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Steamboat Gambling

This is Roald Tweet on Rock Island.

Traveling up and down a shallow, twisting channel was hard and dangerous work for the Mississippi River steamboat, but its looks and movement belied that fact. With its four stories of delicate gingerbread, a steamboat looked like a wedding cake floating inches above the water, some said. Its great paddled turned with grace, pushing the boat along five miles an hour.

That same grace and charm spilled over to the captains of those boats. Many of them were Southern gentlemen with plantation manners. A few had good reputations at swearing, but that was more a skill than a symptom of anger. In his formal uniform full of braids, the steamboat captain kept a steady keel. Captains, by custom, were cool, even when the pilot was clearly taking the boat into danger. Pilots had complete control of the boat, and the most a captain could do in the pilot house is muse out loud, "Why, look at that snag up there." It took some effort to follow river custom at the expense of losing the boat since most captains had invested heavily in their own boats.

On rare occasions when a captain did lose his dignity, there was good reason for it. Take the captain in the St. Louis trade steamboat men used to talk about. The captain was approached by two crooked gamblers who wanted to work his boat. The captain refused. The two men offered a hundred dollars. Politely, the captain refused.

The captain kept refusing, and the gamblers kept upping the bribe. There was good money to be made gambling on a large steamboat that some boat owners charged a concession fee of as much as $60,000 for the rights to gamble and sell liquor on board.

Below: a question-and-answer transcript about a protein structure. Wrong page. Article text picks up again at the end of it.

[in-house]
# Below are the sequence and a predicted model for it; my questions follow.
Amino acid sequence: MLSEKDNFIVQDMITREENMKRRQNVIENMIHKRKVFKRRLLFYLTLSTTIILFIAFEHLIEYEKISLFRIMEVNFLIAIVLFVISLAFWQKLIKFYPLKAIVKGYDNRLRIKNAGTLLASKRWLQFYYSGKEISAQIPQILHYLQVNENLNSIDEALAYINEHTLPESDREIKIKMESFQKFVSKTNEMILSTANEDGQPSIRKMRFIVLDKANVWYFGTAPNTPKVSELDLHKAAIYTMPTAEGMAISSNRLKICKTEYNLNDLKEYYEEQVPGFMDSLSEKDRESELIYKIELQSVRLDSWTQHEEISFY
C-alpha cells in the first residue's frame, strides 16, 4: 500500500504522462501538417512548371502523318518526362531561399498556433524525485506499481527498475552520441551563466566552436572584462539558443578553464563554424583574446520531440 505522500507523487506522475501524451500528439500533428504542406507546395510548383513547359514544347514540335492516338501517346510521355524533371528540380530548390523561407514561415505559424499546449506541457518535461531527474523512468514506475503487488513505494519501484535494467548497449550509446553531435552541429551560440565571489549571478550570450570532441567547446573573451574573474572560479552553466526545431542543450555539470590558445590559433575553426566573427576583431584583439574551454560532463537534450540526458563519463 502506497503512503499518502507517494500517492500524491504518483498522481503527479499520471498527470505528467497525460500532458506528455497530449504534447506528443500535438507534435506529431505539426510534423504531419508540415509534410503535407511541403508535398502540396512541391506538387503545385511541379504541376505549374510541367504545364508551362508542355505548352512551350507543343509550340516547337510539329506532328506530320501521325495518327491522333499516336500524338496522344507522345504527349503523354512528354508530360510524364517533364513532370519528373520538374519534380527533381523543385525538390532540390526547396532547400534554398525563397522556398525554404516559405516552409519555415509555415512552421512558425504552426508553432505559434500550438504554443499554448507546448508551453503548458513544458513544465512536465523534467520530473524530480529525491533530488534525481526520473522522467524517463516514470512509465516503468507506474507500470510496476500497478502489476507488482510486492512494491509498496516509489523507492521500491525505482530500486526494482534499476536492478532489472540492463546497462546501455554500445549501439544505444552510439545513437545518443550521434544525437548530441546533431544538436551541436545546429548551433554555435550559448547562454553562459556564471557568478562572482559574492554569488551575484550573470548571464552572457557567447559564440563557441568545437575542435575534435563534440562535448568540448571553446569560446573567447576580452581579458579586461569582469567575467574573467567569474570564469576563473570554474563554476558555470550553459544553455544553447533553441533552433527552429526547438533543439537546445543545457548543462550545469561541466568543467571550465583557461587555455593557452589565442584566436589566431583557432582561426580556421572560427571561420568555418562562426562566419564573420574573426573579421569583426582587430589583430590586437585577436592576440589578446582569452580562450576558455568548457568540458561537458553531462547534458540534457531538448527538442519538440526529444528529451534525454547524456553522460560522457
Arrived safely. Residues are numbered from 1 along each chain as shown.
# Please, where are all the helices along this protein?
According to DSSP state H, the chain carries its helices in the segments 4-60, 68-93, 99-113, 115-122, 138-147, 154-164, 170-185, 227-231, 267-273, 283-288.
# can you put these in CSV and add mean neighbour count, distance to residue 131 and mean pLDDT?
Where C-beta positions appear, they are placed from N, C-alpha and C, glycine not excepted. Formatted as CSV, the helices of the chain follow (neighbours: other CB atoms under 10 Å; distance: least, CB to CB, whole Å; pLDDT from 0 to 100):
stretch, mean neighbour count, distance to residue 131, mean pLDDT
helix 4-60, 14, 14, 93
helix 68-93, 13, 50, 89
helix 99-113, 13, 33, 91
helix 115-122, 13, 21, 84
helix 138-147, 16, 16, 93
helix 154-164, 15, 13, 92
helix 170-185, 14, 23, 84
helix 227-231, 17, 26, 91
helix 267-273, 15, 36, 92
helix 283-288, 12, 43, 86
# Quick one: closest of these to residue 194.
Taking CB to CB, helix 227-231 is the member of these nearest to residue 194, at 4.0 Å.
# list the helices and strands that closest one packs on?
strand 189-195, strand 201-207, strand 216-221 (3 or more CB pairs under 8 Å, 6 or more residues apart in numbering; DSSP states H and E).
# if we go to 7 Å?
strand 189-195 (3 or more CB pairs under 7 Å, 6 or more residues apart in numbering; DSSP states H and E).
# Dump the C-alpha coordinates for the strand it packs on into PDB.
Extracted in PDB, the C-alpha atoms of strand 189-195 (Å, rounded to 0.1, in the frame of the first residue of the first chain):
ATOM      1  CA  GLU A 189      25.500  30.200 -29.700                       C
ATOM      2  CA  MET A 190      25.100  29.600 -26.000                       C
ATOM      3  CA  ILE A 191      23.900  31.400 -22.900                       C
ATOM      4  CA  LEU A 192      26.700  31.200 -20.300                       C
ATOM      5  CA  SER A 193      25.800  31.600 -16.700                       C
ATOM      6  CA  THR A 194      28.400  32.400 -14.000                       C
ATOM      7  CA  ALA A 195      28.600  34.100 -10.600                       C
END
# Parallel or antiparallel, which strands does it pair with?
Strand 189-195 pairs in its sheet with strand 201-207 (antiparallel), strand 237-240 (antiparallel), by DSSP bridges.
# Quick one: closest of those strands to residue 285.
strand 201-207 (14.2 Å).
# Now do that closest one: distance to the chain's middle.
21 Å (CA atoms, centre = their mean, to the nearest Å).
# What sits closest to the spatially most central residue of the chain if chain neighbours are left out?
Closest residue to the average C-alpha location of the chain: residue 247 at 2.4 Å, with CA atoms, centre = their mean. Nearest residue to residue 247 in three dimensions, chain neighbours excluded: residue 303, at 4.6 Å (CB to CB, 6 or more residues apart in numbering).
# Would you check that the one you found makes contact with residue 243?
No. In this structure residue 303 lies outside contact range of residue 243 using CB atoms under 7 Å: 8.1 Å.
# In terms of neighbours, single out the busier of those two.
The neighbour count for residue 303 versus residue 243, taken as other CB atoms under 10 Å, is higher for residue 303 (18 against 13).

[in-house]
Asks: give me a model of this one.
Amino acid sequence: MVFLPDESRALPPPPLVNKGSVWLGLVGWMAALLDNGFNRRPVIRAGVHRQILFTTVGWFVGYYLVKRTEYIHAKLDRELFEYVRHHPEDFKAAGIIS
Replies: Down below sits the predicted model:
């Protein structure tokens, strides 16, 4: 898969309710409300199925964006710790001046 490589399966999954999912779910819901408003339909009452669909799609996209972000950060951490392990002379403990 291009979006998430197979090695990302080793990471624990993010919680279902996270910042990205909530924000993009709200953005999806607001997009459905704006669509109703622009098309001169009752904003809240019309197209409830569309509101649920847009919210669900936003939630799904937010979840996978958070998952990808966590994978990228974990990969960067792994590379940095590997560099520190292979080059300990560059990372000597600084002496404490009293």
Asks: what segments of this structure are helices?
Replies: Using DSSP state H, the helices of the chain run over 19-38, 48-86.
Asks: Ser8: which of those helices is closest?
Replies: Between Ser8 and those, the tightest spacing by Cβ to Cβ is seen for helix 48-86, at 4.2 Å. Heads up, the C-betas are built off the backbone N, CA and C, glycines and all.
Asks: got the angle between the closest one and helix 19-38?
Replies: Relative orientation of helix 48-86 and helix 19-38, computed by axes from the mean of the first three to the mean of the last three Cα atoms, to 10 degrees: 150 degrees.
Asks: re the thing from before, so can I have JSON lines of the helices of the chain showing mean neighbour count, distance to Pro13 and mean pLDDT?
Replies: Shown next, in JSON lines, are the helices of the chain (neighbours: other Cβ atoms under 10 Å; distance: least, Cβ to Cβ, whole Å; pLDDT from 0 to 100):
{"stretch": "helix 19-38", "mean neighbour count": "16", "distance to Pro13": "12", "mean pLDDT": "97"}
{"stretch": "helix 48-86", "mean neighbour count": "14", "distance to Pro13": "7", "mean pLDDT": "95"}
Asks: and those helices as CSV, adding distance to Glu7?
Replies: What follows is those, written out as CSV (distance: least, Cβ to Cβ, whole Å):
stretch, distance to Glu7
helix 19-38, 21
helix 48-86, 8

Finally, the two gamblers offered the captain ten thousand dollars if he would permit them on their boat. The captain exploded, turned the air blue with a string of epithets, and ordered the crooked gamblers off his boat immediately.

When he had regained his composure and straightened out his uniform, he explained the sudden lapse of courtesy. "Well," he said, "they were getting too close to my price."

Rock Island Lines with Roald Tweet is underwritten by the Scott County Regional Authority, with additional funding from the Illinois Arts Council and Augustana College, Rock Island.

Beginning 1995, historian and folklorist Dr. Roald Tweet spun his stories of the Mississippi Valley to a devoted audience on WVIK. Dr. Tweet published three books as well as numerous literary articles and recorded segments of "Rock Island Lines." His inspiration was that "kidney-shaped limestone island plunked down in the middle of the Mississippi River," a logical site for a storyteller like Dr. Tweet.